Nike has a fascinating campus, the restaurants and pay are good and it's an easy work week.  So recruiters are baffled why I left.  Here's why...

1) Passwords are getting logged which should be filtered out.  I trace it down and the fix is three string operations (find, cut, paste).  I subclass the Logger class and use it in the original class.  It's safer because the original code is unchanged and it's reusable.

2) The team rejects it because of performance problems.  What performance issue?  They say the bug is only in one class and one method.   Okay, I move the operations into the original class.

3) The team rejects it, the code should be in a utility class.  A utility class implies REUSE, I wrote the SecureLogger  for reuse.  But fine, I make it a utility class.

4) The team rejects it, they want a regex function for performance reasons.  Okay, now I'm pissed off.  The regex library takes time to load hundreds of unused functions but it still executes those three operations.   They disagree.  I write a small  program and prove it's much slower.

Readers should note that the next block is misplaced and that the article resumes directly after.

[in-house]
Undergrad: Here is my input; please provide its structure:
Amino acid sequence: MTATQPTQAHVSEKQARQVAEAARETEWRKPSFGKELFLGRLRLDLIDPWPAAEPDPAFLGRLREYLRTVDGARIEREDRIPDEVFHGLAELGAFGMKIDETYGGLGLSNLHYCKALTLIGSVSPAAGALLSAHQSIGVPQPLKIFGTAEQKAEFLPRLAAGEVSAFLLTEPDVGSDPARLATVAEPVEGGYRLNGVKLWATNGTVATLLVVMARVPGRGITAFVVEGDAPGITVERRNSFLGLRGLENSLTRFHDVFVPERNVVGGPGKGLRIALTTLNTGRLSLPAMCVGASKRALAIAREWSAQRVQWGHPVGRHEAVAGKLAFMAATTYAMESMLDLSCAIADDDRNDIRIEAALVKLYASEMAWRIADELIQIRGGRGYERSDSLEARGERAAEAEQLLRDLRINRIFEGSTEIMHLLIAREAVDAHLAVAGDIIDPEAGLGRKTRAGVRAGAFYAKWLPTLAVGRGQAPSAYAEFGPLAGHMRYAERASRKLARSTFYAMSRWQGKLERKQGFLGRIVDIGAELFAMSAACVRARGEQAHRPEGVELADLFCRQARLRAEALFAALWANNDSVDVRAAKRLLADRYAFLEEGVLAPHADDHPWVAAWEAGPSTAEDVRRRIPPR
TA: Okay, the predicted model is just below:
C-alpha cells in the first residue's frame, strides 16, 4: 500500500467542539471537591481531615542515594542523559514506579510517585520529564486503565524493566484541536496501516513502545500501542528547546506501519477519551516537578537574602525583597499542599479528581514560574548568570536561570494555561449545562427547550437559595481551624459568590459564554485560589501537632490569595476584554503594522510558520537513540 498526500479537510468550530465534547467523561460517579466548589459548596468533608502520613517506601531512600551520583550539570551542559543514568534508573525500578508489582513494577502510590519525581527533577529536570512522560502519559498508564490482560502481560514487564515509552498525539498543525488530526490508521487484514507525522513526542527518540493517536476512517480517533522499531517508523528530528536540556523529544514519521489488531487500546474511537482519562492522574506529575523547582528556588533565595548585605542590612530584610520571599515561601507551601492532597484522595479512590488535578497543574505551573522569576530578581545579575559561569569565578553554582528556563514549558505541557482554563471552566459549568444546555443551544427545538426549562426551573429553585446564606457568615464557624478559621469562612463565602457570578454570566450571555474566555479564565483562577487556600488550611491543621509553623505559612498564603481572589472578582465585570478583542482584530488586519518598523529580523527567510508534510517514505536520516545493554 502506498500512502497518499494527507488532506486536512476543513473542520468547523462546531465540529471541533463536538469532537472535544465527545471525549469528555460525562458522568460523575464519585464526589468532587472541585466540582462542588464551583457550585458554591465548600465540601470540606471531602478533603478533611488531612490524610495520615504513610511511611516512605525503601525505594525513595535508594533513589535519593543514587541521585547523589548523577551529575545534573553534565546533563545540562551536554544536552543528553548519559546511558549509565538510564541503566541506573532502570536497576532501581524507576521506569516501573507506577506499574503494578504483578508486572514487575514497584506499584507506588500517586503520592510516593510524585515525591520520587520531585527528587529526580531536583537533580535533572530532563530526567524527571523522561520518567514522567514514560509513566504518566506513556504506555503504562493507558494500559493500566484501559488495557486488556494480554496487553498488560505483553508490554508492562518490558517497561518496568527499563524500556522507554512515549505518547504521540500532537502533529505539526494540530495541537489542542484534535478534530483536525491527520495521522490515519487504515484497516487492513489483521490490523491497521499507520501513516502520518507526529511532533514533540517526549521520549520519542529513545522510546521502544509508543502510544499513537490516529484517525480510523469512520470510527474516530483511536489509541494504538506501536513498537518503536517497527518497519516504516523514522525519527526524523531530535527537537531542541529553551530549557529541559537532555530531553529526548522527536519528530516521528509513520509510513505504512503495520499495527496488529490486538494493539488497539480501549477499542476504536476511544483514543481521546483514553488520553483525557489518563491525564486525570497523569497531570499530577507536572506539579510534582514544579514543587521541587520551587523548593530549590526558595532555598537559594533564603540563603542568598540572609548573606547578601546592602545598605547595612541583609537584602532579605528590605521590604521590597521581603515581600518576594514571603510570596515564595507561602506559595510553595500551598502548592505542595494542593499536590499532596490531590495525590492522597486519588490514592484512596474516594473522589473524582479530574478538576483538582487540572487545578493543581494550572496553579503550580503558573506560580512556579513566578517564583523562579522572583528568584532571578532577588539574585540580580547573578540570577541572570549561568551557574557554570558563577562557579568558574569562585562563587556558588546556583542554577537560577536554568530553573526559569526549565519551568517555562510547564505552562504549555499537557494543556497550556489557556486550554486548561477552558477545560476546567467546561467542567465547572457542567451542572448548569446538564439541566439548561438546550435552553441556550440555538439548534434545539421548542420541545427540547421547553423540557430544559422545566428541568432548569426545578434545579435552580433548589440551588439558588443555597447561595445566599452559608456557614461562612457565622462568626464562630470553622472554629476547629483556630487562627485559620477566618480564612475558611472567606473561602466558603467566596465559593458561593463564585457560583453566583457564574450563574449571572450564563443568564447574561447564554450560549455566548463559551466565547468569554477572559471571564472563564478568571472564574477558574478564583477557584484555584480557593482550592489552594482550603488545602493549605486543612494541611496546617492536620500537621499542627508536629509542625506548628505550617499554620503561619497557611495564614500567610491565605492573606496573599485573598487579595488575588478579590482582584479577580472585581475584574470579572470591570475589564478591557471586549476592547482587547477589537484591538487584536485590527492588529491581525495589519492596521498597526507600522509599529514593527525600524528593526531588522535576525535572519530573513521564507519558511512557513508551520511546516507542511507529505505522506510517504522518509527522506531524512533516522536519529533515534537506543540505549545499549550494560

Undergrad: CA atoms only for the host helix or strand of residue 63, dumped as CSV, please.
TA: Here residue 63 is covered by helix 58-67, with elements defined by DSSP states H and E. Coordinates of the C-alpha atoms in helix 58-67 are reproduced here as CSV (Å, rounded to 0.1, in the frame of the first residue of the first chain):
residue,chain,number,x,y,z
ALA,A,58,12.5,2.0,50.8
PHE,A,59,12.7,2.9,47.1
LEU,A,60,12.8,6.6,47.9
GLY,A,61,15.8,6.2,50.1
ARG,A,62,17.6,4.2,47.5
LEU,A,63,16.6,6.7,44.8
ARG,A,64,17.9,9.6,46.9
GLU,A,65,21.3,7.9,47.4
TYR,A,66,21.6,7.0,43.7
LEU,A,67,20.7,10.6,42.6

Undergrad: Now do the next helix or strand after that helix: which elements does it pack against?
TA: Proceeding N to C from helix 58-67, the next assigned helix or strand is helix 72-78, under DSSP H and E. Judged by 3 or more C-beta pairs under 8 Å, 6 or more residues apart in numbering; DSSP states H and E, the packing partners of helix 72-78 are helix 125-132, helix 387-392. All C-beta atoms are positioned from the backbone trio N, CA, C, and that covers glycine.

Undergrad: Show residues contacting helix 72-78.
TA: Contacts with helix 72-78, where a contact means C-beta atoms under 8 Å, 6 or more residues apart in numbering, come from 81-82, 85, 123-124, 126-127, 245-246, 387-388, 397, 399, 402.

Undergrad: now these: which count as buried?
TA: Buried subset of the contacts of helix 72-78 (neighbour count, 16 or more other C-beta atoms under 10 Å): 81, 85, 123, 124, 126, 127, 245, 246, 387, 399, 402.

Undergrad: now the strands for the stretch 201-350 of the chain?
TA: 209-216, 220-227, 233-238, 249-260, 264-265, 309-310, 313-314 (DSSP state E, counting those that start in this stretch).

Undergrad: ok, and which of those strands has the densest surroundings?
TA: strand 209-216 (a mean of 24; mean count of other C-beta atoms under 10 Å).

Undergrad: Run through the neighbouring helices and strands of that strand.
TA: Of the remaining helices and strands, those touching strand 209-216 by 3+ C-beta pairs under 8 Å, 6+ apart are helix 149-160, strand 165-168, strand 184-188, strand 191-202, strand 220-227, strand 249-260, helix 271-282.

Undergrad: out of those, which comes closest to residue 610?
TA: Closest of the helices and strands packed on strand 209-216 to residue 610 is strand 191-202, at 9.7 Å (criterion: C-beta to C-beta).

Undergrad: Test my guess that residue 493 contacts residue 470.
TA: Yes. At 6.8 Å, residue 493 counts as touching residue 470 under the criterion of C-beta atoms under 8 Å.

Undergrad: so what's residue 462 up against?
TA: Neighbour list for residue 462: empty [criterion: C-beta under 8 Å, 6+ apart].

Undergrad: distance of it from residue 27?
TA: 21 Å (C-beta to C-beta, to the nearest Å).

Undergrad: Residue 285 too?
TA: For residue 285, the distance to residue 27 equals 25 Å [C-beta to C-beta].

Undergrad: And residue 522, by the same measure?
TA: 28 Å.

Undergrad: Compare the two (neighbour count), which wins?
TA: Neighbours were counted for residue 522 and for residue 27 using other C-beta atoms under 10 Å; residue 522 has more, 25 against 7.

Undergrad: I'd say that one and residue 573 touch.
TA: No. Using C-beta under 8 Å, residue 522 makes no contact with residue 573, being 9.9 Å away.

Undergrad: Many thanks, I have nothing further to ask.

5) The team rejects it because their Eclipse formatter converted specific package paths into wildcards.  I ask what's wrong with wildcards.  A performance issue again.  No, it's not.  The compiler creates the same byte code. They disagree.   I write a small program and prove that I'm right again.

6)  Now I'm the bad guy.  It's not that they don't know, it's that they insist on something that is NOT TRUE.  

7)  Then my code fails code validation because there's no class constructor.   A constructor is pointless but I add one.  

8) It fails because it's a public constructor.   I change it to a private constructor.

9) It fails because it's a private constructor.   It's impossible to pass the validation step, it fails with and without a constructor.

10) I'm assured that I'm the only one having issues.  I waste a week guessing. Somebody finally admits the validation is broken,  they disable it but pretend to use it for "quality control".

11) So now I'm the bad guy again, exposing their deception.

I went to lunch, had a drink, went home and never went back.

Two weeks to write three string operations.   And this two weeks wasn't atypical, just the last straw.  It's not that any one item is important, it's the cumulative mentality for a pretense of high quality.